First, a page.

# Is proof based Linear Algebra be similar to Abstract Algebra

• Courses
I know both are different courses, but what I mean is, will a proof based Linear Algebra course be similar to an Abstract Algebra course in terms of difficulty and proofs, or are the proofs similar? Someone told me that there isn't that much difference between the proofs in Linear or Abstract Algebra.

Here are the course descriptions for each class:

Linear Algebra
Chapter 1 Vector Spaces
1.1 Introduction
1.2 Vector Spaces
1.3 Subspaces
1.4 Linear Combinations and Systems of Linear Equations
1.5 Linear Dependence and Linear Independence
1.6 Bases and Dimension

Chapter 2 Transformations and Matrices
2.1 Linear Transformations, Null Spaces, and Ranges
2.2 The Matrix Representation of a Linear Transformation
2.3 Composition of Linear Transformations and Matrix Multiplication
2.4 Invertibility and Isomorphisms
2.5 The Change of Coordinates Matrix

Chapter 3 Elementary Matrix Operations and Systems of Linear Equations
3.1 Elementary Matrix Operations and Elementary Matrices
3.2 The Rank of a Matrix and Matrix Inverses
3.3 Systems of Linear Equations – Theoretical Aspects
3.4 Systems of Linear Equations – Computational Aspects
Index of Definitions

Chapter 4 Determinants
4.4 Summary – Important Facts about Determinants

Chapter 5 Diagonalization
5.1 Eigenvalues and Eigenvectors
5.2 Diagonalizability

Chapter 6 Inner Product Spaces
6.1 Inner Products and Norms
6.2 The Gram-Schmidt Orthogonalization Process

Chapter 7 Canonical Forms
7.1 The Jordan Canonical Form I
7.2 The Jordan Canonical Form II
7.3 The Minimal Polynomial

Abstract Algebra I
A. Group Theory
Binary Operations
Groups
Subgroups
Permutation Groups
Orbits and Cycles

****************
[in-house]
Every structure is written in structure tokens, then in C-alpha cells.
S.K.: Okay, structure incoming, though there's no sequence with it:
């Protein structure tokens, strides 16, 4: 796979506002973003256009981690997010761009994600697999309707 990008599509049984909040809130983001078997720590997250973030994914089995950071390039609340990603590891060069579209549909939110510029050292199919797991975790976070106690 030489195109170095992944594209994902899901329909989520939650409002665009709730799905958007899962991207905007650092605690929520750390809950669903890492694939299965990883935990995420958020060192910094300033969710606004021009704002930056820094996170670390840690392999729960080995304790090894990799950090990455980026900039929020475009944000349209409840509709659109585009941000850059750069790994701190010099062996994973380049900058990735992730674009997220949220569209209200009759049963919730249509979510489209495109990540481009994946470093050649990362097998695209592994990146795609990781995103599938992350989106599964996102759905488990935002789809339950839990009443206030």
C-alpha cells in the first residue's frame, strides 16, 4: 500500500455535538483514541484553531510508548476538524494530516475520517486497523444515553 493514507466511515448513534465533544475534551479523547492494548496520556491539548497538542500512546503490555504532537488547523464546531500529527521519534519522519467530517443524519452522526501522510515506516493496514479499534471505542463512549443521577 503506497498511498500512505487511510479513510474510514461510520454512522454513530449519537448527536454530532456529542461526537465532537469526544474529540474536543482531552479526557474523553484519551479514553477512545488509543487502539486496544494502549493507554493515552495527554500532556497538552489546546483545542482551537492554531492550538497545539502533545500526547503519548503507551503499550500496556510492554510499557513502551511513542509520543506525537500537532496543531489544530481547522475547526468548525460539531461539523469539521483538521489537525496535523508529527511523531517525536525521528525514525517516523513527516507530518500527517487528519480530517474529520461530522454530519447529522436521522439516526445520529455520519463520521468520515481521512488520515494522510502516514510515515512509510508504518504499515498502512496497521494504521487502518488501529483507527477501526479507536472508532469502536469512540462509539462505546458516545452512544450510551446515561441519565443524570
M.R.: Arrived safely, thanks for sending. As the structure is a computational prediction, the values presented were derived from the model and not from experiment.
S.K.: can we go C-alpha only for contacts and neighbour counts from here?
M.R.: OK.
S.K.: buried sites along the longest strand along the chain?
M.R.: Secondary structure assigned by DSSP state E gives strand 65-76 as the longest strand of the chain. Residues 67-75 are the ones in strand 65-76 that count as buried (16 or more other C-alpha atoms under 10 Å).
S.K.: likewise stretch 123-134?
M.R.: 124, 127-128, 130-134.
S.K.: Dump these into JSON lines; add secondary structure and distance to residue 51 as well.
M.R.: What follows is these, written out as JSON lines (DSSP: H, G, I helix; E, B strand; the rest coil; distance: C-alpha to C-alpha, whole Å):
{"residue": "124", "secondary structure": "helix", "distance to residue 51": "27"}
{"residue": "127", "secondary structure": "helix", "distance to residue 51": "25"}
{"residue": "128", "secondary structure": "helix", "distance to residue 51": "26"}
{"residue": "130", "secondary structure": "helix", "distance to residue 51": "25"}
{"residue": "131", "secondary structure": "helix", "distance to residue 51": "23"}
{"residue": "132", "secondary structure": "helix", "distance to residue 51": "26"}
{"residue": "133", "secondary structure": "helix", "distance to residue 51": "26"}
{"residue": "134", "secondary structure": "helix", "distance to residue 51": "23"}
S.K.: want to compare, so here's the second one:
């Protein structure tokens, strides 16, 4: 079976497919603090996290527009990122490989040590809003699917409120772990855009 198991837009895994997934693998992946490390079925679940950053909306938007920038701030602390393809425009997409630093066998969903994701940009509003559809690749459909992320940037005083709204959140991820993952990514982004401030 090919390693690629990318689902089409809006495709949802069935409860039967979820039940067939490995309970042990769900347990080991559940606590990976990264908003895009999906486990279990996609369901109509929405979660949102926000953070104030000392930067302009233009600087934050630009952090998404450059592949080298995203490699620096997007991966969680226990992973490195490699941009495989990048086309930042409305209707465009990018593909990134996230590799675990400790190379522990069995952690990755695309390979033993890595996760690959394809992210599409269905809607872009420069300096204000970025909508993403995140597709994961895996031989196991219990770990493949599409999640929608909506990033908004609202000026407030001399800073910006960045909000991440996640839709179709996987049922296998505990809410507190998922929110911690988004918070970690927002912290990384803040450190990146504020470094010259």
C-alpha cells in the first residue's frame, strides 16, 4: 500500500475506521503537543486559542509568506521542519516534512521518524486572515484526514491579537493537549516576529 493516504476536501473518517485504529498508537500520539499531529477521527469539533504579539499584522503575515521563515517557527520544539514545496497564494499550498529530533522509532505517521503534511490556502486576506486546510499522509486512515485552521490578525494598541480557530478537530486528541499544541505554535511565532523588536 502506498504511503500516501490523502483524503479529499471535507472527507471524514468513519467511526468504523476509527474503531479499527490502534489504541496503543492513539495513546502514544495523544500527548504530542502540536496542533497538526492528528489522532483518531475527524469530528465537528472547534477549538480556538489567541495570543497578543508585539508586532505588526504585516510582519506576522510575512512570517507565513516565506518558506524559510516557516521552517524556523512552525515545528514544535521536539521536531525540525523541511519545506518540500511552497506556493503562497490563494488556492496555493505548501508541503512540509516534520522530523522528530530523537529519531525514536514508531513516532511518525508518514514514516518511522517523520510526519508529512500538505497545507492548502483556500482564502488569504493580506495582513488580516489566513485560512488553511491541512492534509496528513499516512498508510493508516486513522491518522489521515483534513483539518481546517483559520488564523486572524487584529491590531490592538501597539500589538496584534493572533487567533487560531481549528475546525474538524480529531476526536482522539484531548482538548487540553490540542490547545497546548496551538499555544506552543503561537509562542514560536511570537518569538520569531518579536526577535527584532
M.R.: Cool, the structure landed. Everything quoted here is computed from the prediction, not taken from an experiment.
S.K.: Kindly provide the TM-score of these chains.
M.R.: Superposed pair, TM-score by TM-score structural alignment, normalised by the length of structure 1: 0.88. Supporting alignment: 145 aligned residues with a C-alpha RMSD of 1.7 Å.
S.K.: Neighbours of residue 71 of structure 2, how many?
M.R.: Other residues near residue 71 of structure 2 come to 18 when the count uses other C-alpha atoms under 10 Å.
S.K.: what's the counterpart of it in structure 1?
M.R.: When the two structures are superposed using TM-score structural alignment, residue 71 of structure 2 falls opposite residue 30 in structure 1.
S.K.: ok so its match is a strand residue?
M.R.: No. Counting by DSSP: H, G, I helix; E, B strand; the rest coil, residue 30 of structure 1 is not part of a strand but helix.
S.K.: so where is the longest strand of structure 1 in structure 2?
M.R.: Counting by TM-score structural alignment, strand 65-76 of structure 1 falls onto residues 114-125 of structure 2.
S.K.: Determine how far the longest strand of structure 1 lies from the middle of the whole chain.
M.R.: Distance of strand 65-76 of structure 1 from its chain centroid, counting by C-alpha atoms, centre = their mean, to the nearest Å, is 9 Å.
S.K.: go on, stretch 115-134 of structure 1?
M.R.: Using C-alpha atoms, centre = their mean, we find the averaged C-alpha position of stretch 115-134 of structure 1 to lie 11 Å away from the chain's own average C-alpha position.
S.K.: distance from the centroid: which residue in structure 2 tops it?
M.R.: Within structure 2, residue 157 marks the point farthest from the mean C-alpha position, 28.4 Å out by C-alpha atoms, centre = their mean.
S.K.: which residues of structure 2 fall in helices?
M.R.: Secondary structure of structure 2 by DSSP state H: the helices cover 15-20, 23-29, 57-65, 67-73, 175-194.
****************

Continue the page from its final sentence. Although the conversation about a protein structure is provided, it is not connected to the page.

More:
Cyclic Groups
Cosets and Lagrange
Homomorphisms
Isomorphisms and Cayley’s Theorem
Factor Groups
Fundamental Homomorphism Theorem

B. Rings
Rings and Fields
Integral Domains
Little Fermat and Euler Theorems
Fields of Quotients
Polynomial Rings
Polynomial and Division Algorithm
Remainder Theorem/Factor Theorem
Homomorphisms and Factor Rings
Prime and Maximal Ideals and PIDs, Prime Ideals

C. Field Theory (Introduction)
Field Extensions
Existence of a Splitting Field
Constructibility with Ruler and Compass –Trisecting Angles

I'm currently taking a course called "Matrix Algebra", which covers things from Linear Algebra such as Matrices, determinants, vector spaces, eigenvalues, orthogonality, but it's mainly computations based while the Linear Algebra course above is more proof based, proving theorems then computations. But are the proofs similar to Abstract Algebra and how hard would a proof based Linear Algebra course be compared to the first part of Abstract Algebra? Only curious because many people say Abstract Algebra is more difficult than any Algebra course because it's very proof oriented while a Linear Algebra course is more applied (there are proofs in my Matrix Algebra course, but my professor is not going to make us prove anything on a test, just applications and calculations).

fresh_42
Mentor
Well, you can present both either way. I would say the difficulty level is similar. For a physicist linear algebra might be more important, as it mainly deals with coordinates and coordinate transformations, which are especially important in physics. Abstract algebra on the other hand deals more with the related structures. They might also become important in a physicist's life, but usually later on in cosmology or quantum field theory. In algebra there are also a lot of examples and calculations.

And last but not least, it always depends on personal tastes which one is felt more difficult. The proofs themselves are actually a bit different, but not necessarily of different difficulty, the more as there are many sections which require knowledge from both.

Well, you can present both either way. I would say the difficulty level is similar. For a physicist linear algebra might be more important, as it mainly deals with coordinates and coordinate transformations, which are especially important in physics. Abstract algebra on the other hand deals more with the related structures. They might also become important in a physicist's life, but usually later on in cosmology or quantum field theory. In algebra there are also a lot of examples and calculations.

And last but not least, it always depends on personal tastes which one is felt more difficult. The proofs themselves are actually a bit different, but not necessarily of different difficulty, the more as there are many sections which require knowledge from both.

Thanks for your reply. So essentially a proof based Linear Algebra course would be the same level of difficulty as an Abstract Algebra and the proofs, though different, are not so difficult.